In regards to pilots from Metropolitan France not heading to England - many Czech and Polish forces (including pilots) fled over land borders into then-neutral Hungary and Romania in 1939 and were able to make their way to Britain in plenty of time to start being integrated into RAF and Army Command by the Battle of Britain in August 1940. Even then, it was a little while before they trusted to fly into combat.

The Battle of France was lost only a few weeks before the Battle of Britain. The Germans trapped much of the British and French along the coast, and the only land route was Spain, which was neutral but rather unsympathetic to the Allies. In addition, the British-led evacuation (the most famous part of which was centred at Dunkirk) from France prioritised British forces ahead of French. This made it harder for any French servicemen to make it to Britain to join the Free French there by the time of the Battle of Britain.

Further, as TomAU and Sempaiscuba points out, much of the French military stayed with the surrendering government. Whether this was exacerbated by distrust caused by things like the evacuation, or the scuttling of the French fleet is hard to gauge.

Eventually, Metropolitan French pilots did make it to England - but even by 1941, two-thirds of the Free French were in Africa.

  • @HorusKol: The Dunkirk evacuation ABSOLUTELY DID NOT favour British forces over French. Commented Dec 3, 2017 at 22:34
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    @PieterGeerkens - the first evacuations from Dunkirk during Operation Dynamo were on the 28th May, the first French to be evacuated were on the 30th, and most of the French (about 75,000 of the 100,000 which were evacuated) weren't taken until the British rearguard were leaving on the night of the 2nd/3rd. 40,000 French troops were left as a rearguard and surrendered on the 4th June. The early prioritisation of British troops was actually on order from a French Admiral (until Churchill insisted on more equal treatment).
    – user13123
    Commented Dec 3, 2017 at 23:49
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    re. fleeing to neutral countries - aren't neutral countries supposed to intern the fleeing belligerents? avalon.law.yale.edu/20th_century/hague05.asp#art11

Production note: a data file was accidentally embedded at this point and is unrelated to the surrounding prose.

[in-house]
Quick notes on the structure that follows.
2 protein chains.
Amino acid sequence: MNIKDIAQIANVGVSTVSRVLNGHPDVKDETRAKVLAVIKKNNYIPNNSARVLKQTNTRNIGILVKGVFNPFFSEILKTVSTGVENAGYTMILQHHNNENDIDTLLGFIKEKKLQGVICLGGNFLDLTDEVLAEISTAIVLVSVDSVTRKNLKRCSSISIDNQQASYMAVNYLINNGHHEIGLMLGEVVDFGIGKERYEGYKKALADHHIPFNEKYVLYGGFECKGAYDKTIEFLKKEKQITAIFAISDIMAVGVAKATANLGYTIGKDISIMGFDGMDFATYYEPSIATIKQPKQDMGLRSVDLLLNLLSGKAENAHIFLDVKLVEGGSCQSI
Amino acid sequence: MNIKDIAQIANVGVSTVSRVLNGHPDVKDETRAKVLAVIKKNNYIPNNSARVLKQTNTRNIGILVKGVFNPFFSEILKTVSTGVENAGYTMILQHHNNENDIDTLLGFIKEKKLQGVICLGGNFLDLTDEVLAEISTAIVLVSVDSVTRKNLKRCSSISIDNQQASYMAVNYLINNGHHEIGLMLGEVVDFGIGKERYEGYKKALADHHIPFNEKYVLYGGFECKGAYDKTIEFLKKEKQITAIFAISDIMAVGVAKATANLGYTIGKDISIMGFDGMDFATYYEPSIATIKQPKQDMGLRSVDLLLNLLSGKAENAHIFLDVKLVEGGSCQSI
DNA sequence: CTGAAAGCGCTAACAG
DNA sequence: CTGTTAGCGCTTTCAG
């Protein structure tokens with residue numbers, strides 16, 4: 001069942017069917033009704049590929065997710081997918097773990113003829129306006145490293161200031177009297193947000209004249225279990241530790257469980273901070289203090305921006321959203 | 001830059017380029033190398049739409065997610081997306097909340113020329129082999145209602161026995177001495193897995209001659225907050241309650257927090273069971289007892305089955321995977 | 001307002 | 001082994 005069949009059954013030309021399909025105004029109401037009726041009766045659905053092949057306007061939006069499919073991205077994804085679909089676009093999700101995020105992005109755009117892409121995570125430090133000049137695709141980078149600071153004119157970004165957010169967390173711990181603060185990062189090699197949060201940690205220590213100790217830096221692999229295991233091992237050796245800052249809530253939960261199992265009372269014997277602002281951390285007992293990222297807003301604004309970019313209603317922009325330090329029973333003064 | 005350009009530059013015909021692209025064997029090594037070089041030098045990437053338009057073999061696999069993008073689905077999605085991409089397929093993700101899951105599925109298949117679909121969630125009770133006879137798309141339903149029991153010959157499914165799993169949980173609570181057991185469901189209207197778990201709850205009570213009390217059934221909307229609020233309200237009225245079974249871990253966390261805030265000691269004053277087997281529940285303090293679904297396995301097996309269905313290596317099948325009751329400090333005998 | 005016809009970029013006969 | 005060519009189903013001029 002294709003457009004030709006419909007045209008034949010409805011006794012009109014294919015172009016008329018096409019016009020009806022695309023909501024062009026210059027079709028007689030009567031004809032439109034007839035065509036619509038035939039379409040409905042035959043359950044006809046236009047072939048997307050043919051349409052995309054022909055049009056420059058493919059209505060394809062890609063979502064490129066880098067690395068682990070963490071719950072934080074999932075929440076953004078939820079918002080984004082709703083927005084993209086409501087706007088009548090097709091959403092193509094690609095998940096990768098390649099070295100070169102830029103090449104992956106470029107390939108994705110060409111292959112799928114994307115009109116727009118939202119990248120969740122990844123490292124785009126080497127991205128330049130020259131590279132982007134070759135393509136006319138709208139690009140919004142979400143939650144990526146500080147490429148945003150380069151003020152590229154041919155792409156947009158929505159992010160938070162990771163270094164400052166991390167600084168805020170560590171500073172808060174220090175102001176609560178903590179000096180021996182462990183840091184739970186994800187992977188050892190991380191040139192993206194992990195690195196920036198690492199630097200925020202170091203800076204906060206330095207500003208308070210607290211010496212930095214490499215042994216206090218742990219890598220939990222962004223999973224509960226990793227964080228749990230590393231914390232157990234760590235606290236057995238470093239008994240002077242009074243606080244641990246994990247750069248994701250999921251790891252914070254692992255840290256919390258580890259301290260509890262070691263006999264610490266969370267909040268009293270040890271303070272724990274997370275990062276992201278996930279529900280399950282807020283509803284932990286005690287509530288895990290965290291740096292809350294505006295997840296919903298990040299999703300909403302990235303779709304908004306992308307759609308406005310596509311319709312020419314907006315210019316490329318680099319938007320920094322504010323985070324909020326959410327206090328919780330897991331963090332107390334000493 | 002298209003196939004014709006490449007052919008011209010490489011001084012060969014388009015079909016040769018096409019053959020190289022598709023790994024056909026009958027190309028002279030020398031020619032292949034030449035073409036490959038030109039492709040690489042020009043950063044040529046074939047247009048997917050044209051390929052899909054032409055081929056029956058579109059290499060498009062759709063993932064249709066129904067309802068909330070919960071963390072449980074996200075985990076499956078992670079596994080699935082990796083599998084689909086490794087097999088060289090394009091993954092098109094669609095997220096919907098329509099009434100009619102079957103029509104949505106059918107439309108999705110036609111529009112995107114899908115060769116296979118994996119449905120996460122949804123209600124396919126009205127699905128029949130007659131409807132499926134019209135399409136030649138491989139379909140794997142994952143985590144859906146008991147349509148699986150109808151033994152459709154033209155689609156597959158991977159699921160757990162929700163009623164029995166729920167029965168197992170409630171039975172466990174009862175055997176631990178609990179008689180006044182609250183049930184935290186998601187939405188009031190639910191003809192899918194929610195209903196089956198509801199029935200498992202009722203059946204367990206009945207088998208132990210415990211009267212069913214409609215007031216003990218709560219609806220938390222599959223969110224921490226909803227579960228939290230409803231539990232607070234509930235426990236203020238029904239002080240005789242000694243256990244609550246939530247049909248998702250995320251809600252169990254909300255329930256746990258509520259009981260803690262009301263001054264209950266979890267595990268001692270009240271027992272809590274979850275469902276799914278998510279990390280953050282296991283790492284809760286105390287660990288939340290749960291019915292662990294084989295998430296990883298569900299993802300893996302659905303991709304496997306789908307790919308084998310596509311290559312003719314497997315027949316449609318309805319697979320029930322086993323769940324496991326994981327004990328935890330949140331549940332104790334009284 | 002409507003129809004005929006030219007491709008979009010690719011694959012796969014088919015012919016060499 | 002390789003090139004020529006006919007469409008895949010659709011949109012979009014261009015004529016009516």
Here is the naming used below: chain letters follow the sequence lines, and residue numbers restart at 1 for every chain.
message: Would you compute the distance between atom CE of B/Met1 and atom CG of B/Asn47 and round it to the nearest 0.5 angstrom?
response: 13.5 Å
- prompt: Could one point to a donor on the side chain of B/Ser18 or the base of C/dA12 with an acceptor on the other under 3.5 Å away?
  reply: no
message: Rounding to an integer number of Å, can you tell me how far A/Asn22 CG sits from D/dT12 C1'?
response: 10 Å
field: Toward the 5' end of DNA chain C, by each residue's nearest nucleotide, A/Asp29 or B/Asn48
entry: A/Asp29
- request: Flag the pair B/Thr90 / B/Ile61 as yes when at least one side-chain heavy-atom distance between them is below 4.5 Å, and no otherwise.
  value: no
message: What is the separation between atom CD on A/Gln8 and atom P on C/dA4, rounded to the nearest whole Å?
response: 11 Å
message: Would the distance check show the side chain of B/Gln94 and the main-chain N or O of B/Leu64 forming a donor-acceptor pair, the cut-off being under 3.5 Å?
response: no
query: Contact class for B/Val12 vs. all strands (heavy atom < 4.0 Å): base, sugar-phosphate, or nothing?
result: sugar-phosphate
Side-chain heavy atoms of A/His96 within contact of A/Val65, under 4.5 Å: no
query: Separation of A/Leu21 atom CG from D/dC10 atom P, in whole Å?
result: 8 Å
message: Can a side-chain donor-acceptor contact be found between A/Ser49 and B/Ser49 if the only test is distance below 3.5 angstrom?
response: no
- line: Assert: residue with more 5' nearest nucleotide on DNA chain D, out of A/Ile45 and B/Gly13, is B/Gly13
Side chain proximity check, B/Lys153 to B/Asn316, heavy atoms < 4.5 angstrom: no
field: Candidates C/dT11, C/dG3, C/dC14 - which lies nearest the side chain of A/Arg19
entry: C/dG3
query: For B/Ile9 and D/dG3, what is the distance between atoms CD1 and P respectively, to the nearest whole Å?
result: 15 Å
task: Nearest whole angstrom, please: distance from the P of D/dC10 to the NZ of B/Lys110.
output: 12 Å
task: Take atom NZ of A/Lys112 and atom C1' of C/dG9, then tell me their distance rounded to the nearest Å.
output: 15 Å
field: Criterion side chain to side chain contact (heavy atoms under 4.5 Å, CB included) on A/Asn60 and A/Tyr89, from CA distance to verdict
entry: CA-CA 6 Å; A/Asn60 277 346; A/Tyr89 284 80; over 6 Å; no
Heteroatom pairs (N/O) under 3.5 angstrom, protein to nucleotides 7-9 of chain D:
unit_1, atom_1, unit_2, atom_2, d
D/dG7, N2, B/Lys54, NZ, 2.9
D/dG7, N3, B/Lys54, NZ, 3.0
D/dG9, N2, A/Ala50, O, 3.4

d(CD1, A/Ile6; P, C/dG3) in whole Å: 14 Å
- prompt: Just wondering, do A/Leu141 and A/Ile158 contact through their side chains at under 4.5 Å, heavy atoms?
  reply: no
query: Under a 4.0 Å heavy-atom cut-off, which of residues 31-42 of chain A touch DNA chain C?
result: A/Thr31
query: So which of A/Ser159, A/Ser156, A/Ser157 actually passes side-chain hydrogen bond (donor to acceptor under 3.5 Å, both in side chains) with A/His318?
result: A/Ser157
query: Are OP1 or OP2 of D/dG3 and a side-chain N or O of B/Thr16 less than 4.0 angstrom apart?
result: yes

– user69715
    Commented Apr 26, 2018 at 0:49
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    At the beginning, Czech pilots often escaped to France, where they fought during German invasion and only later escaped to Britain. E.g. the BoB ace, Josef Frantisek, fought in Polish AF, then in French AF and then in RAF.
    – Edheldil
    Commented Nov 21, 2018 at 9:30
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    @user69715: During a May 31 meeting in Paris with Churchill, over 60% of what would be the total evacuation already complete (194k of 338k - "Their FInest Hour" page 115), Admiral Darlan writes: "... the troops holding the bridgehead shall withdraw and embark, The British forces embarking first." (ibid page 111) Churchill had to repeatedly insist, to both the French commanders and government, that the evacuation proceed *bras-dessus, bras-dessus; and still to the end many French units refused. On June 4, the final run to the beach was made solely to evacuate 26k French. Commented Feb 9 at 19:19

The Dutch army surrendered on May 14 1940. The military was not taking into prisoner of war camps, but released on the promise of good behavior. Most Dutch navy units did not surrender, but continued to fight from England. During the battle of The Netherlands most of the air farce, pardon, that should be 'force', was destroyed on the ground or in combat. Much later in the war the Dutch army was required to report to prisoner of war camps.

It wasn't easy to escape the occupied country. People who did were called Engelandvaarders. One Fokker G1 was later during the war flown to England by Fokker (civilian) personnel who fooled the Germans, saying it was a test flight. This plane was not used in combat. It was tested and after that left to rot away.

So most officers were honor bound to remain where they where. Small detachments or individuals were able to join the evacuation of Dunkirk. The Marechaussee (military police) got 200 man out that way. They served during the entire war as palace guard to queen Wilhelmina who was in exile. How many air force officers escaped I don't know, but it can't have been many.

There were 3 Dutch squadrons during the war in RAF service: 320 321 and 322 squadrons. Do mind that the air contribution of the Dutch wasn't great, but the air farce wasn't much to begin with. The Dutch did contribute much more with their navy and merchant marine ships, especially the latter.

With regard to the Dunkirk evacuation: those Dutch MP's had a bunch of Fallschirm jaeger with them. They were taken prisoner of war during the battle for The Hague. German parachute troops tried to capture the royal family and the seat of government, but failed after fierce fighting. Some were taken prisoner and were transported via Dunkirk to England. Later they were sent to Canadian POW camps.


My father Johannes Scheffer, moved to Australia, in 1955, with my mother Vivienne, to have 4 children . My name is Mark Scheffer, and contrary to this claim, Dad flew special missions, dropping operatives in the dark, and training RAF pilots. As , dad could speak both German and Dutch, he was initially treated as a spy by both sides, after he was a German POW...but was decommissioned as a Flight lieutenant in,1955. Your records have gaps , because no-one was interested in keeping War Records after the War.

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    The question appears to be about the Battle of Britain specifically (i.e. between 10 July to 31 October 1940). Was you father in Britain during that period?
    – Steve Bird
    Commented Feb 9 at 10:56